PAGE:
Both humans and pets can suffer from fleas and their bites. Although most fleas don’t live on humans, they can bite humans, causing skin irritation, allergies, and diseases such as typhus and tularemia.

Fleas are usually brought indoors by a pet.  Fleas are survivors and will readily adapt to various temperatures.  The warmer the temperature, the more active and accelerated the life cycle is.

Flea treatment is not a one-time event. Flea infestations require an Integrated Pest Management plan that should include both chemical and physical treatments. Controlling the problem extends beyond getting rid of the ones you see.  Carpet, furniture and window coverings must be cleaned along with bedding and pet bedding.



Fleas attach themselves to the host (usually a cat) and remain to feed; mate and lay eggs. Female fleas can lay up to 50 eggs per day.  The tiny-pearl colored eggs readily fall off the pet, and land on surfaces such as pet beds, carpets or furniture.  They hatch in 2-5 days. The hatched larvae are no longer than 3/16th of an inch, wormlike, with a distinct brownish head, but no eyes or legs.  They crawl around feeding on dried blood and excrement produced by the adult flea. After about 15 days, the larvae build small silken cocoons.  The cocoons are extremely strong, and pesticides CANNOT penetrate the strong outer shell.  The larvae pupate into an adult flea, just waiting to break out of the cocoon.  This is why you can’t get rid of those fleas.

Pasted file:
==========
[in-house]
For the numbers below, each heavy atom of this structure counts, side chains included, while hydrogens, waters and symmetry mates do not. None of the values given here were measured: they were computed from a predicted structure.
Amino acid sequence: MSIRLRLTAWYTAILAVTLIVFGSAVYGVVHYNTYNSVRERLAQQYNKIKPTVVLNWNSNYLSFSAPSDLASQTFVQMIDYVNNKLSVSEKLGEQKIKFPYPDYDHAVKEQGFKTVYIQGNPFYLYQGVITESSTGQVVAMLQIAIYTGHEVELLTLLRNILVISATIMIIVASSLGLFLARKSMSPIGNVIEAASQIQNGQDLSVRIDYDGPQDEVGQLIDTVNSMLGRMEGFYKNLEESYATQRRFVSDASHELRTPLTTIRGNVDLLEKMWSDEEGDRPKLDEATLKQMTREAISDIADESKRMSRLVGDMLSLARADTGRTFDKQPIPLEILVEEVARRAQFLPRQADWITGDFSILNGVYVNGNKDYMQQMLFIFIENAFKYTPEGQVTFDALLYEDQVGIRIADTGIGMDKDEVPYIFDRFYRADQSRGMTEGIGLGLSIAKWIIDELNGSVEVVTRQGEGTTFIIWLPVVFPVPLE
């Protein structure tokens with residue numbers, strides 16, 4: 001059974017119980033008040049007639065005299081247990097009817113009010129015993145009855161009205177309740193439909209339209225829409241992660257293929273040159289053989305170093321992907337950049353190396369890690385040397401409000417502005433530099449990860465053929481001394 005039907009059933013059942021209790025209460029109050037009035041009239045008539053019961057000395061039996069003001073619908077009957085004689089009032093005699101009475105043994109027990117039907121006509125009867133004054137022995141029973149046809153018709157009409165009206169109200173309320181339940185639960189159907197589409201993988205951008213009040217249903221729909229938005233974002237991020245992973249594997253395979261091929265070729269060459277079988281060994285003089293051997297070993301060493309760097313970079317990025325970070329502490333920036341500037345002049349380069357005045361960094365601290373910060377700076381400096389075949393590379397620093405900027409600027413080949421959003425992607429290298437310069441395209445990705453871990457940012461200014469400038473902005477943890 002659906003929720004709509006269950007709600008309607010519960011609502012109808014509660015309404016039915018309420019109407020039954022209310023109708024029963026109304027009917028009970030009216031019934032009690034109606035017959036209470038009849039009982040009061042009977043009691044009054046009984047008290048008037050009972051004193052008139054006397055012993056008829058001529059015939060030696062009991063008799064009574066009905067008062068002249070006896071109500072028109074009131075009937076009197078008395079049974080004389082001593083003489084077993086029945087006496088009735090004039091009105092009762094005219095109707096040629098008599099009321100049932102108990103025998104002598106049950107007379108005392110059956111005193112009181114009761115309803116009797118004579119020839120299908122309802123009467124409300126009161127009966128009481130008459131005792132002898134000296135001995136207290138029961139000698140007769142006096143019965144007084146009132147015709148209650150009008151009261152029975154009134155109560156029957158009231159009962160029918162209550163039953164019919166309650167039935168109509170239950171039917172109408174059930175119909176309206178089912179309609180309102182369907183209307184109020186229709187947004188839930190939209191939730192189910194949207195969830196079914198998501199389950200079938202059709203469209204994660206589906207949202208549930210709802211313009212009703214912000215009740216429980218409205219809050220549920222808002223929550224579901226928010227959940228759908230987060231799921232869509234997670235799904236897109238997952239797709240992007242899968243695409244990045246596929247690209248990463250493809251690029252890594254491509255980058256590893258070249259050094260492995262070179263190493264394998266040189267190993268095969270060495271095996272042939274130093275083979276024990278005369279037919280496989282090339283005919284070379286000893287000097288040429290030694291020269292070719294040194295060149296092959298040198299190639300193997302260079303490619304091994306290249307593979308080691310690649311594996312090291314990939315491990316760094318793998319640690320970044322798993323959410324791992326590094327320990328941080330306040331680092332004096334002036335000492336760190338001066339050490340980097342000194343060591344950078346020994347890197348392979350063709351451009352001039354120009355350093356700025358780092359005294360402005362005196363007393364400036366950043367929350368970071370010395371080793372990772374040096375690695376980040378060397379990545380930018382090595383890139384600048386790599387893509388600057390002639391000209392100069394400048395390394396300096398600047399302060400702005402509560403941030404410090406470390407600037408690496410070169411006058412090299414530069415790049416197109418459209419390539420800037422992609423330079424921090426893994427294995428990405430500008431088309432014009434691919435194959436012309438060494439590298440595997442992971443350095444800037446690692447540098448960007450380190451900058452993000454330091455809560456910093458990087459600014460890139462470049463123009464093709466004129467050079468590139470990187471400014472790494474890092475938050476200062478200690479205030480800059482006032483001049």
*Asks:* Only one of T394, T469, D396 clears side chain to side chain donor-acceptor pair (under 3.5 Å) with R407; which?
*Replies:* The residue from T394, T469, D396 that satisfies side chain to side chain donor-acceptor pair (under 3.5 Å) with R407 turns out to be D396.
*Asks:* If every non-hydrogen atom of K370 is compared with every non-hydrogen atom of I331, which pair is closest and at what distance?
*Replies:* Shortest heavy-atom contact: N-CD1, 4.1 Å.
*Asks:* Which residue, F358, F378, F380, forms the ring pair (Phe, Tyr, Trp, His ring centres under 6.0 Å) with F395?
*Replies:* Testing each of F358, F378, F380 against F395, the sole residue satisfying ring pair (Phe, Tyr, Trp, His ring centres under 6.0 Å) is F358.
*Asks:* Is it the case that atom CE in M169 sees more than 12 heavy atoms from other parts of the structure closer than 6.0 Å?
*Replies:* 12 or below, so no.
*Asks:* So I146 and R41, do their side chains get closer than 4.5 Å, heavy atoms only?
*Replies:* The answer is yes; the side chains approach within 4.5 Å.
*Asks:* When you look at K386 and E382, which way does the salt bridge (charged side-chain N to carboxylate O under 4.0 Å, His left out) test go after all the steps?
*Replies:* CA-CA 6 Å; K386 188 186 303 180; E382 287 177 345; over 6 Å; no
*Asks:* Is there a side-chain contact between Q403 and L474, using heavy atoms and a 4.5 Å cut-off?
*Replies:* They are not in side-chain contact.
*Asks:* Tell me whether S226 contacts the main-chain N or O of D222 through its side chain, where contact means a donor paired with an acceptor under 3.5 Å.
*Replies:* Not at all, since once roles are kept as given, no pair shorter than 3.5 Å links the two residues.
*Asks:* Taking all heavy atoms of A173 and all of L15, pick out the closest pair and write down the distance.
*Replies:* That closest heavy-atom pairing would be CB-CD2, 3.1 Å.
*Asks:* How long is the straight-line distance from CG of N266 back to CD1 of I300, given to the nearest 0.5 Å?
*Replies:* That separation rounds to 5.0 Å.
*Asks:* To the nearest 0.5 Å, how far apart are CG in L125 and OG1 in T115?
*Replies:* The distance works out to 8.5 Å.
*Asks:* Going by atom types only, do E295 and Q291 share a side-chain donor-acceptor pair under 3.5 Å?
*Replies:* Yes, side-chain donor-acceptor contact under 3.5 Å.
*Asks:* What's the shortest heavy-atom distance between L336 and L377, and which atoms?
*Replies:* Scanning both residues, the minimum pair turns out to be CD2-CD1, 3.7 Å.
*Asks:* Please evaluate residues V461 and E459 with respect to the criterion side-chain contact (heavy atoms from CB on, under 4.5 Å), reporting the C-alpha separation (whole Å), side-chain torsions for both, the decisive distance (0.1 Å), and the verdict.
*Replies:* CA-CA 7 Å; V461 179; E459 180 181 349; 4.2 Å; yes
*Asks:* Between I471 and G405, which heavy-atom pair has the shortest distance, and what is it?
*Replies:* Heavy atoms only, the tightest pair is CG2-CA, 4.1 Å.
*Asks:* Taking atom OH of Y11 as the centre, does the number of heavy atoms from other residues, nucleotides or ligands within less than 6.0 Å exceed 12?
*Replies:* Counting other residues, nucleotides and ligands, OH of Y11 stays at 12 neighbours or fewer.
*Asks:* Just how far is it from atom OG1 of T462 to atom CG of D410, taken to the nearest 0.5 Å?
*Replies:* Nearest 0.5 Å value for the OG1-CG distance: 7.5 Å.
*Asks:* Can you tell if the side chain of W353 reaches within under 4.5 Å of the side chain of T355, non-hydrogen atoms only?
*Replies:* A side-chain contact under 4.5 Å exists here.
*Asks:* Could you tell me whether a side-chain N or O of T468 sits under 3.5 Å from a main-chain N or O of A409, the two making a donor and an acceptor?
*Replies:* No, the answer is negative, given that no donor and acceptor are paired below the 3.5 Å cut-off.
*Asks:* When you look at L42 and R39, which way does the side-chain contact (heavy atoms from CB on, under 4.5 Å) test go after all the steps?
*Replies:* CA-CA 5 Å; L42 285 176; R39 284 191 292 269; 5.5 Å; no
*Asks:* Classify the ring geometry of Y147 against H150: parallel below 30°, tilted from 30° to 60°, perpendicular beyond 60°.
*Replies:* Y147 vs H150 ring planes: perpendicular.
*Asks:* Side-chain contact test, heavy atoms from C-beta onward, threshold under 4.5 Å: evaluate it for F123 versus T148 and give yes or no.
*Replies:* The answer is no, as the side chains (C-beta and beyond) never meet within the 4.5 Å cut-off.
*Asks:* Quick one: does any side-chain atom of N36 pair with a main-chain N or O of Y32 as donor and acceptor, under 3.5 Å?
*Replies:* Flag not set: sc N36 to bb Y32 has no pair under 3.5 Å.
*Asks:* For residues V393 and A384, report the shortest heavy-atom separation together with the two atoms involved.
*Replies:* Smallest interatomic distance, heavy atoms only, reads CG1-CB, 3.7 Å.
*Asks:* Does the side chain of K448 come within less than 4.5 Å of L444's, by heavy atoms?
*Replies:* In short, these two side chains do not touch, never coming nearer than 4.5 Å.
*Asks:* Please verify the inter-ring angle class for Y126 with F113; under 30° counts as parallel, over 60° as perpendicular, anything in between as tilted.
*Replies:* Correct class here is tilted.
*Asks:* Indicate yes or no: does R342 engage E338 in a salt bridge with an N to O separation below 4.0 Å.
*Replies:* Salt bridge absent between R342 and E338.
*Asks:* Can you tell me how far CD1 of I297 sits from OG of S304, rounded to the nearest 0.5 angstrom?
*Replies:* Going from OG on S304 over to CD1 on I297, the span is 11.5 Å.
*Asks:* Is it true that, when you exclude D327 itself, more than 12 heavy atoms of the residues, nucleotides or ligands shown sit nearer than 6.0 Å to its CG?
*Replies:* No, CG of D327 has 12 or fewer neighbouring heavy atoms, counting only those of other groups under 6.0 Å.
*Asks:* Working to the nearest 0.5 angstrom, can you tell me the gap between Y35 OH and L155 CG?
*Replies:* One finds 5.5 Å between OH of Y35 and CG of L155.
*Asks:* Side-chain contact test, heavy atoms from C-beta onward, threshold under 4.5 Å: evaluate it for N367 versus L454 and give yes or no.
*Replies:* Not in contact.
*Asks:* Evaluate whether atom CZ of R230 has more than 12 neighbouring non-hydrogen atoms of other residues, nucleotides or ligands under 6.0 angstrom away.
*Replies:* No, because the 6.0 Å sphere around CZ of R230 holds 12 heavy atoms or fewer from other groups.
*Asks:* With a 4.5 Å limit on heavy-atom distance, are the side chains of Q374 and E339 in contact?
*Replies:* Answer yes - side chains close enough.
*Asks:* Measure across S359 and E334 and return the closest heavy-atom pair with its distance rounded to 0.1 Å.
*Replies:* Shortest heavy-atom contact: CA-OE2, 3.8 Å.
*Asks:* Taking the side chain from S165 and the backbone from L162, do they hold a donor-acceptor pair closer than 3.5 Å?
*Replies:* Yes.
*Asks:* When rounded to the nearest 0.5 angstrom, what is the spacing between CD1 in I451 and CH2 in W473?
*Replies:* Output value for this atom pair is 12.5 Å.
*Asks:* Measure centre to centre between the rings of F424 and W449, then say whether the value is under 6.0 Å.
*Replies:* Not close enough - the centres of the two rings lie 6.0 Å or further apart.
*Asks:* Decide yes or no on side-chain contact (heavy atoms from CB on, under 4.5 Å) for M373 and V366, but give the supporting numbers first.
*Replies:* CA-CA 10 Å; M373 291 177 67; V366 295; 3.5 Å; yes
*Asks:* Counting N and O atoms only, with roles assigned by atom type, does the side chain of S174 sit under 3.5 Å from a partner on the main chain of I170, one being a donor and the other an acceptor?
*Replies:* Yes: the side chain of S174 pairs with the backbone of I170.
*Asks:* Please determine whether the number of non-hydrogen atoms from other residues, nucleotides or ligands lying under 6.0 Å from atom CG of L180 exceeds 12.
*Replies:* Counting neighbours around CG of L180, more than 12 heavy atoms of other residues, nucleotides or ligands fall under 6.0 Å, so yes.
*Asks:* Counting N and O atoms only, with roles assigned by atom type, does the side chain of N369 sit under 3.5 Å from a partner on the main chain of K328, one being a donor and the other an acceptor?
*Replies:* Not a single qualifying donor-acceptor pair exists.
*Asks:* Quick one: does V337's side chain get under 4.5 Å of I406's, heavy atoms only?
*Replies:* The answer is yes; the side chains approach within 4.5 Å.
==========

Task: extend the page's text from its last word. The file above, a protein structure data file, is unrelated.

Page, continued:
The secure cocoons can protect the unhatched adults for up to 6 months.  It is only when the cocoon hatches, and the adult flea emerges that effective treatment with pesticides can occur. The key to managing the flea at this point is to cause the larvae to hatch on YOUR TERMS.  Agitation such as VACUUM, VACUUM, and VACUUM is the only way to effectively accelerate the process.  Once the fleas have hatched, then a protocol of vacuuming, selective treatment with pesticides and IGR’s, and follow up inspections must be initiated.  This process should be repeated every two weeks until the fleas are eliminated.

For more information on flea identification, life cycle, biology and management check out Pest Notes from UC IPM Online provided by UC ANR.

If you have questions about infestation or need help with eradication, call and mention the website for a free inspection!

Cam Gray